Investing in commercial real estate: pros and cons, tax implications explained
By Anurag Goel, Director, Goel Ganga Developments
Real estate investment decisions are usually difficult, especially when it comes to choosing between residential and commercial property. It is widely accepted that investing in commercial real estate is reserved for wealthy individuals and companies. While this is sometimes true, it is not always the case and commercial property, including shops and showrooms, can be acquired by salaried individuals.
Due to its consistent returns, higher rental value and passive income, commercial real estate is an attractive investment class. It has enormous growth potential and a constant cash flow in the form of rents. This is why commercial real estate investment is becoming more and more popular among investors. Let’s assess the pros and cons of buying a commercial property.
Benefits of investing in commercial real estate
High rental income:
Commercial real estate has a higher rental yield than residential real estate, which is advantageous. Commercial properties have an average rental yield of 8-11%, while residential properties have an average rental yield of 1-2%, a yield 4 times lower. The earning potential for CRE investment varies greatly by area. If the investment is made solely for the purpose of generating income potential through rental income, commercial real estate is unquestionably superior.
No furnishing costs:
One of the most attractive aspects of investing in commercial properties is the zero furnishing cost of the property. Indeed, furnishing costs are the responsibility of the tenant once the property has been rented. As an investor, you can provide your tenant with raw real estate. This benefit stems from the fact that any company renting the property will be required to adhere to its operational guidelines.
Ease of dealing with tenants:
Commercial real estate tenants are generally well-established companies. Dealing with corporate tenants is always easy and there is rarely a need to hunt them down for rent. If a reputable bank or corporate tenant occupies a floor or section of the property, the rental yield for the rest of the property will increase.
Commercial properties are generally leased for 10 to 20 years, with the possibility of renewal. In addition, the leases include an annual rental value appreciation clause. As a result, a commercial property owner can expect regular and consistent returns.
Disadvantages of investing in commercial real estate
In general, commercial properties require a significant investment. In the case of a commercial property, a larger sum is involved than in the case of a residential property. After considering your other financial needs and commitments, you must be prepared to invest a large sum. and the minimum investment in commercial real estate investing is generally out of reach for the average retail investor.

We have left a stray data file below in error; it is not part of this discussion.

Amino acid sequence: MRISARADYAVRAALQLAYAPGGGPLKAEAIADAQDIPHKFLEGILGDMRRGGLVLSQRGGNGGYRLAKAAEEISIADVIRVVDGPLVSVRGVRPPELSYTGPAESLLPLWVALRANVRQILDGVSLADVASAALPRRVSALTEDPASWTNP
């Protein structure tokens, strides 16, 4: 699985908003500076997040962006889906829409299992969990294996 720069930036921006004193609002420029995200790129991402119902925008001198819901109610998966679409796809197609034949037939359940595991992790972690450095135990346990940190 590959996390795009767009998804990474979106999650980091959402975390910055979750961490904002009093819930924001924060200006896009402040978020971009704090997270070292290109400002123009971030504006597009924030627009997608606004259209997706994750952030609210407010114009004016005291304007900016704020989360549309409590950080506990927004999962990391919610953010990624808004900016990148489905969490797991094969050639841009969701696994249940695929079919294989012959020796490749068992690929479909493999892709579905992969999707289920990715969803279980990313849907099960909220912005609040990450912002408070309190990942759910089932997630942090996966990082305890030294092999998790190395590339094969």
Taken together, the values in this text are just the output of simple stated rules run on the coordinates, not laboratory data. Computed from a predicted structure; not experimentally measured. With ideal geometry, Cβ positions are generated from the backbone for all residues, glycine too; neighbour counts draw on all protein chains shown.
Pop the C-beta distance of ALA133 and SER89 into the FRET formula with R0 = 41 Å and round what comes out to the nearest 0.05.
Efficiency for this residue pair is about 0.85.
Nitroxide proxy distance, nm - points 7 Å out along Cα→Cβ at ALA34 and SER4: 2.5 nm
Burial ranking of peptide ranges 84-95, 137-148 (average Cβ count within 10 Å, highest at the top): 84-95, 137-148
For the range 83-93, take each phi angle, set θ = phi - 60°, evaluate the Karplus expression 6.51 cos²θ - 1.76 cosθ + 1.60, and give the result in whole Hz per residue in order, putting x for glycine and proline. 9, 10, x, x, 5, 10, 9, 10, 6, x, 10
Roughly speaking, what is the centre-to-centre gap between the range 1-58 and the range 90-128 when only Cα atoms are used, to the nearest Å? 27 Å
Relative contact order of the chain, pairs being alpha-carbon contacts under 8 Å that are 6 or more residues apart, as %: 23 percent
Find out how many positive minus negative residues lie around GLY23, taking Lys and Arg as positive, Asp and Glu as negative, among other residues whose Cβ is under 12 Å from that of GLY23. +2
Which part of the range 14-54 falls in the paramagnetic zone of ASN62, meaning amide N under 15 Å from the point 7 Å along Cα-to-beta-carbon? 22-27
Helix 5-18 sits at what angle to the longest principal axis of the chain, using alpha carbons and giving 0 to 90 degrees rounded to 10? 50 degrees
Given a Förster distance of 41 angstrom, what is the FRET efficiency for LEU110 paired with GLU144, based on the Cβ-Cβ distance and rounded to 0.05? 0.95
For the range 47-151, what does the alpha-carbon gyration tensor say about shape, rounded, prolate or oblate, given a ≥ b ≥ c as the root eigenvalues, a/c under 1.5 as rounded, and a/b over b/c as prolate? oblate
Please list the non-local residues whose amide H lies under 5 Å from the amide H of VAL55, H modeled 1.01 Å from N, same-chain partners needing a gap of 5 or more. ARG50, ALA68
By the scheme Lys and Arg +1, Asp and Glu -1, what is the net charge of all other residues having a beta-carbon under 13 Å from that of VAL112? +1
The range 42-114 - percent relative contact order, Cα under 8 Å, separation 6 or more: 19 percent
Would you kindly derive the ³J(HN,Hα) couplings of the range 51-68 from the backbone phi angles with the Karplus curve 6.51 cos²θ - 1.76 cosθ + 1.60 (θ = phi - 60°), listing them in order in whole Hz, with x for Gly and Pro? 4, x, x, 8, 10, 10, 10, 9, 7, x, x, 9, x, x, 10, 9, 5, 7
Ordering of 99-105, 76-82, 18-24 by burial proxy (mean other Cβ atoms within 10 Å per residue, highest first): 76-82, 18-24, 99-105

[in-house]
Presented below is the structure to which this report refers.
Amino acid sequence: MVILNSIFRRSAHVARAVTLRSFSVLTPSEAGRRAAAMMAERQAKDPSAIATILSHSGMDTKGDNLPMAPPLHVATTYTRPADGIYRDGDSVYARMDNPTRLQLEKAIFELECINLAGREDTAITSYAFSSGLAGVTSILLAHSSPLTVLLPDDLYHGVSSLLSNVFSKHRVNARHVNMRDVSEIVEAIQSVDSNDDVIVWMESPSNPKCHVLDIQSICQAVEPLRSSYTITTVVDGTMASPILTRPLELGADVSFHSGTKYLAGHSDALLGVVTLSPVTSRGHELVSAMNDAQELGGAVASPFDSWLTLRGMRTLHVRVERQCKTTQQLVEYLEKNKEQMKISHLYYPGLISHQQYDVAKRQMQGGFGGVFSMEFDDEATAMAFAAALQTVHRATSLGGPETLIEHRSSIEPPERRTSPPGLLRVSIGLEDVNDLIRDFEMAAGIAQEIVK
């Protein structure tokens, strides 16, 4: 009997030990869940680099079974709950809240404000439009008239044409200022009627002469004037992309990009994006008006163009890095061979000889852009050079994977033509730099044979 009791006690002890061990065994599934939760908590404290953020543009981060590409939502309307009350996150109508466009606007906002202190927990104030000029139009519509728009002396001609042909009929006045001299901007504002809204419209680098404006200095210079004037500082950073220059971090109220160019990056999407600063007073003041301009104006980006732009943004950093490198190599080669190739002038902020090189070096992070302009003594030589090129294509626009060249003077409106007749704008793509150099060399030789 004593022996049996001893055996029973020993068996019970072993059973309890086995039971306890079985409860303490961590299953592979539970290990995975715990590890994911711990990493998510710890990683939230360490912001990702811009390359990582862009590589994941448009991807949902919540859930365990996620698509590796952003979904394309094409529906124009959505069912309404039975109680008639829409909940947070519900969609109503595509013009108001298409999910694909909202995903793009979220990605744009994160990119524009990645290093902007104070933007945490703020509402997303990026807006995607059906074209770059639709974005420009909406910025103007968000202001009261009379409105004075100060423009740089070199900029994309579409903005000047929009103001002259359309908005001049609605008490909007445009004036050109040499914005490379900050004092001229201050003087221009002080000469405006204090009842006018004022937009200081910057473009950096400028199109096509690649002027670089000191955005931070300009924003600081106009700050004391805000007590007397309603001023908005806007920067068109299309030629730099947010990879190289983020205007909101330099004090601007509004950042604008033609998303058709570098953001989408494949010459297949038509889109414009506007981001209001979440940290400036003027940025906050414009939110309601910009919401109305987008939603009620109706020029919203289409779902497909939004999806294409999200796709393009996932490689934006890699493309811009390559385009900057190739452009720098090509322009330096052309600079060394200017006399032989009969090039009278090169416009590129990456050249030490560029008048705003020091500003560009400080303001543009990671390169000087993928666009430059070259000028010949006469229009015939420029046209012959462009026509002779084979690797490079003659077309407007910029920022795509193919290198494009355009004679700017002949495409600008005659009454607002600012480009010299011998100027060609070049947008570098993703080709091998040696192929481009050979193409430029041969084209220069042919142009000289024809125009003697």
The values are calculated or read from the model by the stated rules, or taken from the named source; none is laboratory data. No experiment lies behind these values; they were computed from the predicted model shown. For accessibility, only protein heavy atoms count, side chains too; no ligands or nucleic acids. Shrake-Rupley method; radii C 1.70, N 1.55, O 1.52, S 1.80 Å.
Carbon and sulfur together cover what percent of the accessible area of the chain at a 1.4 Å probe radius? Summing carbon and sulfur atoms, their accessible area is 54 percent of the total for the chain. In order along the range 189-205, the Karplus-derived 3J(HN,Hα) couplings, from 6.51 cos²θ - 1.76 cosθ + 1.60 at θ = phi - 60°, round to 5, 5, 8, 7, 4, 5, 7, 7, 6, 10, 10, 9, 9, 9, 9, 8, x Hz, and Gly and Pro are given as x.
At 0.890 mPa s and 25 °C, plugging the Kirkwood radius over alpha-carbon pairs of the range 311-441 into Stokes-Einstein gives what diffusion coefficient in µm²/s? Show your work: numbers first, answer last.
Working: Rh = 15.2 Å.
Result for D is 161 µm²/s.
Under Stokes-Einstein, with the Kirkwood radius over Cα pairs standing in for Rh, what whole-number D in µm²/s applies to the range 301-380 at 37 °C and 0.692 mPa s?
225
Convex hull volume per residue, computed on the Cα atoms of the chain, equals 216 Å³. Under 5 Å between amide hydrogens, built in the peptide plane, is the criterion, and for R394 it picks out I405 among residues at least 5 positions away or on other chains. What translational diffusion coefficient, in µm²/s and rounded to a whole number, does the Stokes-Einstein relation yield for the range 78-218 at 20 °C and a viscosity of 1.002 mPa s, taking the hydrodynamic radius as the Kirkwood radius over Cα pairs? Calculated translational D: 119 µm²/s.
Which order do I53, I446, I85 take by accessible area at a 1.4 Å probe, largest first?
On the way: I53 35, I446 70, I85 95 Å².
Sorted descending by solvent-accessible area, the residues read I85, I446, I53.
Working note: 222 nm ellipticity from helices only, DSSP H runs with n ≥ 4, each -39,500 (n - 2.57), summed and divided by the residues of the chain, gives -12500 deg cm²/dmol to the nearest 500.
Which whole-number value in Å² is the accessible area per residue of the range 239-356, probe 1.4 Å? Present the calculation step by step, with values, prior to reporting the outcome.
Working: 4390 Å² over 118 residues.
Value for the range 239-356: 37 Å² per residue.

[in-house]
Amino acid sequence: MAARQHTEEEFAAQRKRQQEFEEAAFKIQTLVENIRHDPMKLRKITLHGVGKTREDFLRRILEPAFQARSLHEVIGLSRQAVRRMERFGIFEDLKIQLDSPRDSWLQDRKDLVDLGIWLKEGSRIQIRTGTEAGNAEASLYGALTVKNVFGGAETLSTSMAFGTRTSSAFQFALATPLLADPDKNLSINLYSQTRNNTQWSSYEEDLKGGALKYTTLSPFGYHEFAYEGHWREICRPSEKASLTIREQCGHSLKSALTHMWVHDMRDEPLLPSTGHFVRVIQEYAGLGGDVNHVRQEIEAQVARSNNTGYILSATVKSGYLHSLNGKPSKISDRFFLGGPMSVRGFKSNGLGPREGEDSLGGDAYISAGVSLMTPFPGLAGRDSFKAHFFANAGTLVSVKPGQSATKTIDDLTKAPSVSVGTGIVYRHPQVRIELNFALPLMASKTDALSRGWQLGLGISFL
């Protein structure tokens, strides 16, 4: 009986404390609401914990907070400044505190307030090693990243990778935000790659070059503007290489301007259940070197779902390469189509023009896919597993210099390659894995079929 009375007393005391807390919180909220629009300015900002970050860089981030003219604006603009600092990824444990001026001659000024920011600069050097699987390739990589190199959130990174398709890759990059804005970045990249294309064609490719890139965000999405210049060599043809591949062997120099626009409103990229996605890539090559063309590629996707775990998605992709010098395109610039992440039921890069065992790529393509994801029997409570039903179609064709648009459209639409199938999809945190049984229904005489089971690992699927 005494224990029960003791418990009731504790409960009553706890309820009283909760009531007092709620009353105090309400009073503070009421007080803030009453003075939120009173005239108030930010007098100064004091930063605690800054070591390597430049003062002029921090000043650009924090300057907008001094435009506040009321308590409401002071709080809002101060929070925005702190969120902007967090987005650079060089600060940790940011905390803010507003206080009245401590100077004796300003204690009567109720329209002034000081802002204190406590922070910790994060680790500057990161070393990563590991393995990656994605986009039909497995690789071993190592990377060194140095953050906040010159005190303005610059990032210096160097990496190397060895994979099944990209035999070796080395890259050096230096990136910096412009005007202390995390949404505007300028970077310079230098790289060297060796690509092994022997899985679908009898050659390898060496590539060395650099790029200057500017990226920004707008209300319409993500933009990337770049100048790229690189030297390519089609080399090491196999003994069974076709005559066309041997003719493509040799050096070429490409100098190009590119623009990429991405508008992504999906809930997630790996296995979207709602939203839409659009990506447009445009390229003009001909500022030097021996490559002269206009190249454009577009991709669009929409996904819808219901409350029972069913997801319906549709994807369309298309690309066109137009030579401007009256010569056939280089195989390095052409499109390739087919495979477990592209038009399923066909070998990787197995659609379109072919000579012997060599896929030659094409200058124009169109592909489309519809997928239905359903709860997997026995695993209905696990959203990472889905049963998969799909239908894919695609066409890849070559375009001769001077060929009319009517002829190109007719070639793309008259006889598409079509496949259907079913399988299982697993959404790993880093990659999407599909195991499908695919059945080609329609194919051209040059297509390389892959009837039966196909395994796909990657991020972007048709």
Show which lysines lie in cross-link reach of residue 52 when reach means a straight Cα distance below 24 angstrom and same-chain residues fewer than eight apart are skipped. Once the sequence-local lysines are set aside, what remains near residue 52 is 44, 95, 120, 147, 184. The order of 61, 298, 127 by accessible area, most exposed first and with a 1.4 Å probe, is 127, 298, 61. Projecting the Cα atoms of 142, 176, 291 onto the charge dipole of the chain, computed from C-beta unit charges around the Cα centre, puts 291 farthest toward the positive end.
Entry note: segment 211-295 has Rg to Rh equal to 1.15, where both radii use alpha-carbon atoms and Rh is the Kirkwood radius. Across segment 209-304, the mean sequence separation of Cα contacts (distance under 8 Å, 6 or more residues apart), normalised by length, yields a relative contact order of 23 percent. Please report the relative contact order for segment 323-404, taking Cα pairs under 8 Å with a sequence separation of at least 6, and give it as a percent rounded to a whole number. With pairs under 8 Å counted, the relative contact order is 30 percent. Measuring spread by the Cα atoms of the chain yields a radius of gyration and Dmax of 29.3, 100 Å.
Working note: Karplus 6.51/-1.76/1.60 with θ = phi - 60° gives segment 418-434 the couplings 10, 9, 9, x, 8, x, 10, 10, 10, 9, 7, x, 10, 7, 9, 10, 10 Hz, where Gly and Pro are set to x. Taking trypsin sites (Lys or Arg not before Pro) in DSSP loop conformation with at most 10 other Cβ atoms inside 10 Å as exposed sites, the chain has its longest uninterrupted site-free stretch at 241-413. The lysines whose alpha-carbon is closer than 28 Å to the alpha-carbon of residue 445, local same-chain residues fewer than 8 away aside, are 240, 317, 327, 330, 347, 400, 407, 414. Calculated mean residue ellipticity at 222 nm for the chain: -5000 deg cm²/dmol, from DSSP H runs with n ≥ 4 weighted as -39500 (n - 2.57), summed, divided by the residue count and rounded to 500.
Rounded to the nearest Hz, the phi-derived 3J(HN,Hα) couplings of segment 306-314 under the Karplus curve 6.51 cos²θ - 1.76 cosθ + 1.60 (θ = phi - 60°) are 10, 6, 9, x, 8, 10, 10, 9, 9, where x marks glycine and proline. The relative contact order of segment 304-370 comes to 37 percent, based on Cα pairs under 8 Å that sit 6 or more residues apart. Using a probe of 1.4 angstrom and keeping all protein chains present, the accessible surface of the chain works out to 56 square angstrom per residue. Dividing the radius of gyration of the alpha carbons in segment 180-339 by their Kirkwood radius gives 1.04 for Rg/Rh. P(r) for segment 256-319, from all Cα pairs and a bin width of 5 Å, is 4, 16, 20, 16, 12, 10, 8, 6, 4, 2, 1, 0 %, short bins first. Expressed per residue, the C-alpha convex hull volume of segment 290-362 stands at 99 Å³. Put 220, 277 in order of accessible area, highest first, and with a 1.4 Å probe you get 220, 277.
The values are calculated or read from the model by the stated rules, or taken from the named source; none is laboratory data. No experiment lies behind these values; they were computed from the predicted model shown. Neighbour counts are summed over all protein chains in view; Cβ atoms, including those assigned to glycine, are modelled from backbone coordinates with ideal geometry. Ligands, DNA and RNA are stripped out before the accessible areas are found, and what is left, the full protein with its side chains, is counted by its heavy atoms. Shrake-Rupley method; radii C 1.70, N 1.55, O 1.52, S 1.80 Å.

More expensive loans:
Commercial real estate loans are more expensive than residential real estate loans, which is a major downside of commercial real estate. The interest rate and terms will also be determined by the type of property, investor profile, location and repayment period.
Management of complex assets:
Finding the right tenant for a commercial property like a store or showroom can be a bit more difficult than finding a tenant for a residential property. CRE tenants are businesses, not individuals, who need seamless end-to-end asset management. Retail investors generally lack professional expertise in managing complex business assets.
Further research required:
The investor should thoroughly research the overall cost of acquiring the property, taxes involved, zonal laws and regulations for renting, and the rental income potential of that building or store. Due diligence and market knowledge are required to find the right property and location. Due to a lack of market knowledge and other resources, an individual investor may find it extremely difficult to invest in commercial properties.
Tertiary real estate investment in condominiums is still in its infancy, so there are no specific regulations for this asset class. According to the current income tax regulations, if you do not own the property and you sublet it, the income from this subletting of commercial property will be taxed under the heading “income from other sources”.
If you operate a business center on your property while providing other services, the income can be treated as business income as long as the various services and rental of the space make up a significant portion of the total. Except in these circumstances, any income you receive in relation to property you own will be taxed under the heading explicitly designated for property income, whatever name the income is given. There are only a few legal deductions that can be made from rental income as income from the rental of such property is taxed under “income from the ownership of the house”. It is best to avoid listing your actual rental income under “business or professional earnings and gains” in order to deduct other costs.
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